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Further Reading

Columns: Deprogram

The Coat Hanger Conundrum

Why It's a Deceptive Pro-Choice Defense

by Greg Koukl

“We're Afraid For Our Daughters," the 1998 headline read. The ad was hard to miss, filling an entire page of my local paper. "Could it really happen?" it continued. "Could our daughters be forced into back alleys and illegal abortions? We need your help. For our daughters, our wives, and our friends, please help keep abortion safe." Listed in a line down the center of the page were the flowing, handwritten signatures of Cher, Ted Danson, John Denver, Betty Ford, and Cybill Shepherd.

It was a touching appeal. One could almost see Ted Danson's little girl being dragged by her ponytail into a dark alley, or Cybill Shepherd's daughter gagged and strapped to a table while an unshaven dirtbag in coveralls readies a piece of bent wire. Surely these children didn't choose this evil fate. It was forced upon them by shortsighted and callused moralists who took away the only option available to them: abortion on demand.

This "coat hanger" argument is one of the most emotionally persuasive appeals of the abortionists. It's also among the most specious. It has little real substance and is dangerously misleading. If we're merely talking about personal, elective surgery, then the argument might be compelling. Why complicate an already perilous operation with the additional risk of a dangerous, septic environment? When the life of a human child is involved, though, the picture changes dramatically. Should the law be faulted for making it riskier for someone to kill another innocent human being? The fact that bank robbery is dangerous to the felon isn't a good reason to make grand larceny legal.

Ironically, the whole line of reasoning completely collapses when you consider the one element deified by pro-choicers: choice.

A woman has the right to choose to do whatever she wants with her own body, the argument goes. It's her business and nobody else's; it's her choice. If that's true, then she must take responsibility for those choices, even when they are self-destructive.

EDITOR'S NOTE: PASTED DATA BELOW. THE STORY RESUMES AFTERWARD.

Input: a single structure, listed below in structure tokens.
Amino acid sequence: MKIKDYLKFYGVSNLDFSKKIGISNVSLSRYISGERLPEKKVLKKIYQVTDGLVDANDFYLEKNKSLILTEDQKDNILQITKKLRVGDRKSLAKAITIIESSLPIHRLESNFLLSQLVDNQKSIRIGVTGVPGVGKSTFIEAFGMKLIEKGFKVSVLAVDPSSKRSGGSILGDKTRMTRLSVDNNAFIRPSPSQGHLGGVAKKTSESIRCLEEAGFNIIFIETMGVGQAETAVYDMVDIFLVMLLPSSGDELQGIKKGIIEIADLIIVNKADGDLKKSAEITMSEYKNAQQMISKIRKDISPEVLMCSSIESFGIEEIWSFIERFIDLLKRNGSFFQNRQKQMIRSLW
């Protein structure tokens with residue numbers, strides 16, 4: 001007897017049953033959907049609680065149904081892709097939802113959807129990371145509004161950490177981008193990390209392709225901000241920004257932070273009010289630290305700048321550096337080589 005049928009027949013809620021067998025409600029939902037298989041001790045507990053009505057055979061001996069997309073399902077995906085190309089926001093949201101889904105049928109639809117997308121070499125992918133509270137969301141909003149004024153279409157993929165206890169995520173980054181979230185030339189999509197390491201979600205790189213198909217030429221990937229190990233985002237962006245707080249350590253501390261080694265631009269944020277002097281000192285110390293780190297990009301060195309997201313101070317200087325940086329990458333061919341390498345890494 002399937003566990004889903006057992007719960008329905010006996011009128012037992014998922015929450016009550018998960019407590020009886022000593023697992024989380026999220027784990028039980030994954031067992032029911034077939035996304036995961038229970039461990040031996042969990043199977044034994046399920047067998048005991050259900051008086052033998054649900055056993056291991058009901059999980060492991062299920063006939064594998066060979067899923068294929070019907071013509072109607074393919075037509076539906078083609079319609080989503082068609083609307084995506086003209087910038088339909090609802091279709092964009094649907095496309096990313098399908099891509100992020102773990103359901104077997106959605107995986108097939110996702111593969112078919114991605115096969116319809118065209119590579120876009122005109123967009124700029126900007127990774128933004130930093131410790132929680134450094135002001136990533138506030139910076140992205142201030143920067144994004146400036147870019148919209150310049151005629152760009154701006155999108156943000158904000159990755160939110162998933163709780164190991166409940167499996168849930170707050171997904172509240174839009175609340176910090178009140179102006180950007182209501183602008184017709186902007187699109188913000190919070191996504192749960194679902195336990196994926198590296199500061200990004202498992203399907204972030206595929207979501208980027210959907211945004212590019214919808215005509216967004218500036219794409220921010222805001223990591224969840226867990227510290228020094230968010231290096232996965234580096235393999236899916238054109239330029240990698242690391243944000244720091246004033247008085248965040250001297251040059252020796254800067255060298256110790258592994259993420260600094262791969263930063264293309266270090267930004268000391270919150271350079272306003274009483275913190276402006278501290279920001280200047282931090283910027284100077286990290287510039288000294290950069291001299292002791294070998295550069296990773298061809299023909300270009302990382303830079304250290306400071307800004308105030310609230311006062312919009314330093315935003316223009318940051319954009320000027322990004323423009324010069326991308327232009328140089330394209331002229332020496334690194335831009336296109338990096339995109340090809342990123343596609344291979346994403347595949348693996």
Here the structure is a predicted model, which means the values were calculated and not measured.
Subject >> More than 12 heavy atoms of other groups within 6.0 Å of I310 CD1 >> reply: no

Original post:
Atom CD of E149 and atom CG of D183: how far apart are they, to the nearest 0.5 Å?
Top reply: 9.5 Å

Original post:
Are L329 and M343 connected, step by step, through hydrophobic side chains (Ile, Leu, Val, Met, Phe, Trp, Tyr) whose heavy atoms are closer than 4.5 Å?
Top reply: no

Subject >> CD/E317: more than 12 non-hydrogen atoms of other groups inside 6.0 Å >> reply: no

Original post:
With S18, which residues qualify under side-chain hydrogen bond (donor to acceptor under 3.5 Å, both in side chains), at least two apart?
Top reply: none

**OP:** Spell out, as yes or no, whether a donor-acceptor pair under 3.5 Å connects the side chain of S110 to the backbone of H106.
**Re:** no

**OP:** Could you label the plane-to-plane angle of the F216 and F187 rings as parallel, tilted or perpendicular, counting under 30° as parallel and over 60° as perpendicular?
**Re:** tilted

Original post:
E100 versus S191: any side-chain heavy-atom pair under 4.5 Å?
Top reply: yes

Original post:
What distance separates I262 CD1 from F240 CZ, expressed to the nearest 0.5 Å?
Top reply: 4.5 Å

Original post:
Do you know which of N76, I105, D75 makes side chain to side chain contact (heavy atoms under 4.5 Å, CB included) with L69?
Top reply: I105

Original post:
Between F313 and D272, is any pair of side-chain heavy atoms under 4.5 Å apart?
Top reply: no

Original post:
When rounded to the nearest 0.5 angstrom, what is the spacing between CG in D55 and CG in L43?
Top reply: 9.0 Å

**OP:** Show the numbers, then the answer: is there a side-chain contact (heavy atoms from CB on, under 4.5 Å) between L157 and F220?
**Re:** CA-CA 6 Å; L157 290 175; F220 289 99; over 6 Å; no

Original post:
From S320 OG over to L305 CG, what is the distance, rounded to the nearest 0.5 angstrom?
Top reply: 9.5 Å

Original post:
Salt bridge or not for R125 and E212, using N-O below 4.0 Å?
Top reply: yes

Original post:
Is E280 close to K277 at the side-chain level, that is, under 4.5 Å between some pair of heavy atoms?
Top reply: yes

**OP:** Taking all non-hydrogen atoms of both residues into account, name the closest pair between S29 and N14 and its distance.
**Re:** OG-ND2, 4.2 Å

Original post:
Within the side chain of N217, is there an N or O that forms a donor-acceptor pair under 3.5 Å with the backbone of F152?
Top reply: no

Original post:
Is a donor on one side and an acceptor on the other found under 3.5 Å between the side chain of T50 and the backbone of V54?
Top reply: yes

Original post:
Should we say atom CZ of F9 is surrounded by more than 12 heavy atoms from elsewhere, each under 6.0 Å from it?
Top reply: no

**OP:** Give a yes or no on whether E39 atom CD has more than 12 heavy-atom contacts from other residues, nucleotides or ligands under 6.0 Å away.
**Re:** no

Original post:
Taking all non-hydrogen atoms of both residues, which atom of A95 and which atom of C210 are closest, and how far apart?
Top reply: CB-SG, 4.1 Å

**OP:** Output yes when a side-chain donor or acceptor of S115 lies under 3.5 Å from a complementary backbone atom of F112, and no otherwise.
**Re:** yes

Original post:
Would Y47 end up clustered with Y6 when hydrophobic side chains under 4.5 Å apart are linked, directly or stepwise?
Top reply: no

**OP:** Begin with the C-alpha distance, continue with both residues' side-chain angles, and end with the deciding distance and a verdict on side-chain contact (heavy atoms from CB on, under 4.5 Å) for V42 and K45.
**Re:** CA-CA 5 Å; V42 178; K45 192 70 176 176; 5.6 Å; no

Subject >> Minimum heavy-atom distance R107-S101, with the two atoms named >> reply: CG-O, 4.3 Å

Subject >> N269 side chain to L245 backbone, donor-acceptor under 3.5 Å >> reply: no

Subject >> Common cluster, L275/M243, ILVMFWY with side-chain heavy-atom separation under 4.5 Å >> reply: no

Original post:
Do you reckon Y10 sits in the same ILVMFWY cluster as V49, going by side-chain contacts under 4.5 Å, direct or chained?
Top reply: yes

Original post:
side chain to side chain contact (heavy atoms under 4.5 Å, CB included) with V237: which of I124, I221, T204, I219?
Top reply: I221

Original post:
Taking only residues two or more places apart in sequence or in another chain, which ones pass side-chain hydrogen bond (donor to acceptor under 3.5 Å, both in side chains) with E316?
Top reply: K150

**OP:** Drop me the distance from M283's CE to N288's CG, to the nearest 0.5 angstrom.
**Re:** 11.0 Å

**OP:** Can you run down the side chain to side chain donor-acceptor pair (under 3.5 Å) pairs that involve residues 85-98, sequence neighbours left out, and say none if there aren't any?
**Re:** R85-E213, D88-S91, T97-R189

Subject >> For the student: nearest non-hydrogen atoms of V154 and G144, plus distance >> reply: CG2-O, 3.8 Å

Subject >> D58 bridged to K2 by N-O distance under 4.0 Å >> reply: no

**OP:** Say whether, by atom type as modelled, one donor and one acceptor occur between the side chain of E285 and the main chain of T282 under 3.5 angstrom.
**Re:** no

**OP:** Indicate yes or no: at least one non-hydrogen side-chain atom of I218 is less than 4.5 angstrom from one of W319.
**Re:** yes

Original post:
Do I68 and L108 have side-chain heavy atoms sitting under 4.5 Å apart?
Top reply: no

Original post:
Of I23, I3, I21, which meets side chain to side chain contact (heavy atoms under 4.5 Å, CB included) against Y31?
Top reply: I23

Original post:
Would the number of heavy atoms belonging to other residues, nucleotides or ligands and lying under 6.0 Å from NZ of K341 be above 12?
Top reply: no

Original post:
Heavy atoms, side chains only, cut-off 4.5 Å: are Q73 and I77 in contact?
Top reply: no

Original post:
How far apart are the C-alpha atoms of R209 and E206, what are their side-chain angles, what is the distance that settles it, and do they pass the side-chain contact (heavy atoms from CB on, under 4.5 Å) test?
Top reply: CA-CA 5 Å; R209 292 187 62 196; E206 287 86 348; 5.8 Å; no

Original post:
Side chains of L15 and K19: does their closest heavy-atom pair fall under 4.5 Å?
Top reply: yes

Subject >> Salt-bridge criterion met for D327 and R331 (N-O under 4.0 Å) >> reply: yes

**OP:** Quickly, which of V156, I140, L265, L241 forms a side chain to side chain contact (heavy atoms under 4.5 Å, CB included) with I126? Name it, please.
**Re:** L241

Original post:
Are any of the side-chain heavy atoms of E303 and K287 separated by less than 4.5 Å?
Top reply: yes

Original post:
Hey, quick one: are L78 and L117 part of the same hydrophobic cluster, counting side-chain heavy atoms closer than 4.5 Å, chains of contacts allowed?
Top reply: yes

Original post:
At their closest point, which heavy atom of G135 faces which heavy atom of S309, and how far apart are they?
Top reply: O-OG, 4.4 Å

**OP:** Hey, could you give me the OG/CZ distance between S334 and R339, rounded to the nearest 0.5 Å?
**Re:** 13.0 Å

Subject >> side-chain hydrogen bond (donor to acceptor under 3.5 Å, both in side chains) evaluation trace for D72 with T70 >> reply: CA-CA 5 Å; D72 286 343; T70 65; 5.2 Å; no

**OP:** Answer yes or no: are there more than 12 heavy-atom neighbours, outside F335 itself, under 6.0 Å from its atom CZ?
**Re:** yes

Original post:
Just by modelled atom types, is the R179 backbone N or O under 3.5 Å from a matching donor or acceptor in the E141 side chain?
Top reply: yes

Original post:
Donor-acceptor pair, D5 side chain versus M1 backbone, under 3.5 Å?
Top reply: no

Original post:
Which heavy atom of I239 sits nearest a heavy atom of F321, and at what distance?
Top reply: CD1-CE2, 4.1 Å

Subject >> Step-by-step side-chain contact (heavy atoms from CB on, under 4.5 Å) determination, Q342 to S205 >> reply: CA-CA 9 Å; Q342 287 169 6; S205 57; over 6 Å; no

Yes, in the past some women chose dangerous, illegal abortions. People choose to do many foolish things when there are reasonable options available. That's just the point: people choose. Sometimes they make bad choices, but the choice is still their own. There's no coercion. A woman is no more forced into the back alley when abortion is outlawed than a young man is forced to rob banks because the state won't put him on welfare. Both have other options.

I'd like to believe that Betty Ford raised her children with respect for the laws of the country her husband served. I'd like to think that Ted Danson taught his kids enough common sense to keep them from taking the foolish route of back-alley abortion. I hope Cher has instilled in her daughter the idea that when liberated adult women make their own decisions, they also must accept the consequences of those decisions.

I believe in privacy, but privacy has its limits. I believe in choice, but choice has limits, too. Our right to privacy and our right to choose end where harm to another individual begins. That's true with every law. Every piece of legislation violates privacy and restricts choice to some degree.

In a sense, I'm pro-choice for the woman. She can choose not to conceive. If she gets pregnant against her choice, she can choose to carry the child to term and then keep her baby. Or she can choose to give the child up for adoption to a loving family. But she can't choose the quick way out of a difficult problem by taking the life of that little baby.

I'm pro-choice for the child, too. Cher, Ted, John, Betty, and Cybill—I'm not concerned for your daughters; they'll have choices to make, and if you trained them well, they'll make sensible ones. No, I'm concerned for your granddaughters and grandsons. They have no choice—and they're dying. 

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